This is the third picture that's a part of my "adjectives that end in 'y'" series. I was leaning toward penguins, because of the "nature's tuxedo" look, but then I remembered one of my favorite Disney movies, The Aristocats, and completely changed my mind.
Cats are fun because, like dogs, they can have so much personality. The story I imagined for these cats was along the lines of "Momma cat wanted a nice photo of her classy family, but her kitten got bored and is now playing around, Daddy cat is cringing because he taught the kitten how to remove his collar in the first place, and Momma cat is scowling in disapproval but can't be too mad since she still loves her family."
The irony of having a situation that could have been very sophisticated, but isn't because of the personalities of the subjects, and is still labeled as "classy", really appealed to my sense of humor.
- Merit Award - 100% Pure Florida, 12th annual juried fine art show - Fifth Avenue Gallery, Melbourne, FL - Feb 2017
By the time I was ready to start Classy, I had discovered digital cutting machines and purchased a Cricut Explore Air 2. I was so incredibly excited. Having a method of cutting fabric, without me needing to do it with scissors, was something I'd dreamed about for years. And, finally, I had a machine that would do just that, if I could only figure out how.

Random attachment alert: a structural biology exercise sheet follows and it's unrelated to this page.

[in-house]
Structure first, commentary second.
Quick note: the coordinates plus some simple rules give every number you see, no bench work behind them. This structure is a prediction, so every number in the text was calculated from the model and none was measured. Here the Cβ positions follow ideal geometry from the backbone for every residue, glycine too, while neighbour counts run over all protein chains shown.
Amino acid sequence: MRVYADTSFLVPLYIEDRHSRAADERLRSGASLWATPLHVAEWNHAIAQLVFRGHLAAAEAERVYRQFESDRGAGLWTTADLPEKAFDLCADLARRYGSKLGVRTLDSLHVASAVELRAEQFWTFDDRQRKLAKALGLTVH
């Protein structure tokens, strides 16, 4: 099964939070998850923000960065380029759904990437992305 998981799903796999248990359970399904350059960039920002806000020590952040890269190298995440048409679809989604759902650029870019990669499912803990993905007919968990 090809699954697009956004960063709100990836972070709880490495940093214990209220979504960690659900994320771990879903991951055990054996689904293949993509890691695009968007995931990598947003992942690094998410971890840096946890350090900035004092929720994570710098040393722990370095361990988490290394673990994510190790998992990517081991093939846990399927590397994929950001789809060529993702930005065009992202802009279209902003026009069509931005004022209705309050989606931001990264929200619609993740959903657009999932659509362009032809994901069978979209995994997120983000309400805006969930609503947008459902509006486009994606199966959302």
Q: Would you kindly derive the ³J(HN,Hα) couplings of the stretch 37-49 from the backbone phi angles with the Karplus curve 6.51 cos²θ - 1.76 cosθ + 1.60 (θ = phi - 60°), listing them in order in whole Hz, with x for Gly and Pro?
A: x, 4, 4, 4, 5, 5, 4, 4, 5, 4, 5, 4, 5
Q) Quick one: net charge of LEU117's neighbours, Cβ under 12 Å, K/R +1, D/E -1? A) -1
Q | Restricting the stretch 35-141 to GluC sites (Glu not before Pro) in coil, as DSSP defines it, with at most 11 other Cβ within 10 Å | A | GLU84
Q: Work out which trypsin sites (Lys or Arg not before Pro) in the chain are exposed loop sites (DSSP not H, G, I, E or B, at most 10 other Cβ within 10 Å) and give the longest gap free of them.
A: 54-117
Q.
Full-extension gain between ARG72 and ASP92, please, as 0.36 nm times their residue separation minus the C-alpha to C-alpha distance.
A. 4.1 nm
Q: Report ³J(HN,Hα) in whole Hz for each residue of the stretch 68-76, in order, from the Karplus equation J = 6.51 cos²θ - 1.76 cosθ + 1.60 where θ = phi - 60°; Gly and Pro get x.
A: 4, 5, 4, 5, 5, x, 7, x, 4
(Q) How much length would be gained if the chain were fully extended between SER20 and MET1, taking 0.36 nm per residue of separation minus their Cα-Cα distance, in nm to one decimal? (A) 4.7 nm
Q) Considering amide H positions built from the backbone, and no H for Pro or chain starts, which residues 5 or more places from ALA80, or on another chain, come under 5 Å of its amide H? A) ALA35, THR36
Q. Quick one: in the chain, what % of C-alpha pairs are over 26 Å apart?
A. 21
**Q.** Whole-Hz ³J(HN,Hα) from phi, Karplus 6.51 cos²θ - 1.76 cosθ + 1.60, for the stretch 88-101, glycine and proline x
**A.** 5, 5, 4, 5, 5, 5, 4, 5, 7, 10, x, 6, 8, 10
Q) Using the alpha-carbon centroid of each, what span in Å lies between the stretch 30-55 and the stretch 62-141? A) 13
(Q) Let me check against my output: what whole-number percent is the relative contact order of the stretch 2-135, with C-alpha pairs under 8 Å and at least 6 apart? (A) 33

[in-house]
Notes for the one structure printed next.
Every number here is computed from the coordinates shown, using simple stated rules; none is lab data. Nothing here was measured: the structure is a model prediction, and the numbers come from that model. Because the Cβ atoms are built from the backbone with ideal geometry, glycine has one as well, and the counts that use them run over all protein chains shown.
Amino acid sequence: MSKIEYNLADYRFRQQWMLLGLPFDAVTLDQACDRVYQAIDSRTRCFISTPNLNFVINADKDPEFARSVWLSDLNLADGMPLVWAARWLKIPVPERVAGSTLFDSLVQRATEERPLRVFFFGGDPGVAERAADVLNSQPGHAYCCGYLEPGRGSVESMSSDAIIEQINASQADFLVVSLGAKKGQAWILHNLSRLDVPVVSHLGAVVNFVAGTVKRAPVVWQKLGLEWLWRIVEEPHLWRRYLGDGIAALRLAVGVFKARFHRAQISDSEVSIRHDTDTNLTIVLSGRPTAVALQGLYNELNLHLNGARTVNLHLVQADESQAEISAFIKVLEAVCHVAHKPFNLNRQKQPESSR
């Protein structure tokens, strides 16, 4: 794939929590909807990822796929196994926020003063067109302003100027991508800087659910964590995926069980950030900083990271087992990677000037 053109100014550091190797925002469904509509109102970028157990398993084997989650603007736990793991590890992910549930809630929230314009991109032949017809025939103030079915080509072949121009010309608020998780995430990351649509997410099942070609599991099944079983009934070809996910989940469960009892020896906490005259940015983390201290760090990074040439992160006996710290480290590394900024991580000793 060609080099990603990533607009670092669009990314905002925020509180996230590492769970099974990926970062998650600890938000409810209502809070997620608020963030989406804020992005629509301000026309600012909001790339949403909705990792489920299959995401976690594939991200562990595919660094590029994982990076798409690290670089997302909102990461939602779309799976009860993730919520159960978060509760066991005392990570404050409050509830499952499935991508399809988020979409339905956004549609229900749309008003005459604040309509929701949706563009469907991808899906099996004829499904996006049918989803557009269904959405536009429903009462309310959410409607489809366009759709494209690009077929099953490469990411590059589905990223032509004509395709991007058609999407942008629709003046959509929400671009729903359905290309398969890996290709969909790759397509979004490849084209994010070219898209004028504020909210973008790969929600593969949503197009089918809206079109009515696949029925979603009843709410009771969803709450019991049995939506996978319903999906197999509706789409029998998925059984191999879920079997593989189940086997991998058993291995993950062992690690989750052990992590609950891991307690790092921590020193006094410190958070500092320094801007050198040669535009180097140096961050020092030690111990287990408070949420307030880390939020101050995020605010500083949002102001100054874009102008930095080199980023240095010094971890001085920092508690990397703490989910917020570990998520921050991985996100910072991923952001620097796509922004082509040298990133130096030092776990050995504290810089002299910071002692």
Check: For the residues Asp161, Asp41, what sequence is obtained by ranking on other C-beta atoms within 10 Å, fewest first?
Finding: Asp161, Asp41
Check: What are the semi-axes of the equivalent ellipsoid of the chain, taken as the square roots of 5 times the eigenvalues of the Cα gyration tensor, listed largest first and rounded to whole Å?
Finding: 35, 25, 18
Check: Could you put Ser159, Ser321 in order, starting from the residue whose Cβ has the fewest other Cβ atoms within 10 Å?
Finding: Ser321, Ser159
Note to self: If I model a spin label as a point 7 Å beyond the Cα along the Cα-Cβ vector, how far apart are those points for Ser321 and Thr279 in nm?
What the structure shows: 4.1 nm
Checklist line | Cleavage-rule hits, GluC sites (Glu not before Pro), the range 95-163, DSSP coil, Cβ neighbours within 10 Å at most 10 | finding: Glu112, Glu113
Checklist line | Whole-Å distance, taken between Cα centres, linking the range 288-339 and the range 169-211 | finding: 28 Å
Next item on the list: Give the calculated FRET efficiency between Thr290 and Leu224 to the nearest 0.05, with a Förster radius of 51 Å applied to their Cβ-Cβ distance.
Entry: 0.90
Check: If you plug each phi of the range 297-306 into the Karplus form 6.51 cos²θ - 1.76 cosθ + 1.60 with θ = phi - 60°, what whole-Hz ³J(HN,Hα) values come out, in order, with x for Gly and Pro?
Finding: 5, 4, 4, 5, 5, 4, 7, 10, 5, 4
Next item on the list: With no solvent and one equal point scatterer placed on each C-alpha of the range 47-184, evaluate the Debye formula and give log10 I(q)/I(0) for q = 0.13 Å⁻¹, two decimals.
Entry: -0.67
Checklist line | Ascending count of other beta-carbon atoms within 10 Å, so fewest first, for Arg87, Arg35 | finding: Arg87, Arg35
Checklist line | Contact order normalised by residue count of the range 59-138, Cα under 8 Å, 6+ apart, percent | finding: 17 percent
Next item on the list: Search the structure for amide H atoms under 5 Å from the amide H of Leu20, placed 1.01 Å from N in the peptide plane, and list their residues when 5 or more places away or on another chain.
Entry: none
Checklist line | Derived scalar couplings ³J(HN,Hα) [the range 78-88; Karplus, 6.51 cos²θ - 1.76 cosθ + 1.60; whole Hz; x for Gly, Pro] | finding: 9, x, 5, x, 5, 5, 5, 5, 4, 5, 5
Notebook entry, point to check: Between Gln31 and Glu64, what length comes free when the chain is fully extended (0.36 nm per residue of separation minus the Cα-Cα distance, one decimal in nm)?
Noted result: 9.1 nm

Classy started the same as Snoozy: I drew the cats on my iPad. I took my drawing into Illustrator to clean it up and add color. Then I printed it full-size. I still traced each piece by hand, but this time I traced them onto regular paper instead of fusible.
I scanned the sheets with my traced pieces into my computer, and those JPG scans are what I uploaded to the Cricut software for cutting. Classy is the first first artwork I'd ever made for which I did almost no scissor cutting — I did hand-cut the whiskers.
I learned a lot from this process. It wasn't perfect, and I ran into numerous roadblocks that I had to figure out. There were no guides on how to use these machines to cut fabric — or at least no guides that answered the questions I had — so I was a pioneer. But the most important takeaway was that it worked. I'd proved it was possible to have a machine cut my fabric. There was no stopping me at that point.
Classy indirectly led me to one other monumental discovery. It was at the 100% Pure Florida art show where Classy won an award that I met Ellen Lindner, who also had fabric artwork hanging in the show. She introduced me to Studio Art Quilt Associates (SAQA) and opened my eyes to the world of art quilting. That night was one of those pivotal events that you can look back on and say, "My whole life changed right then."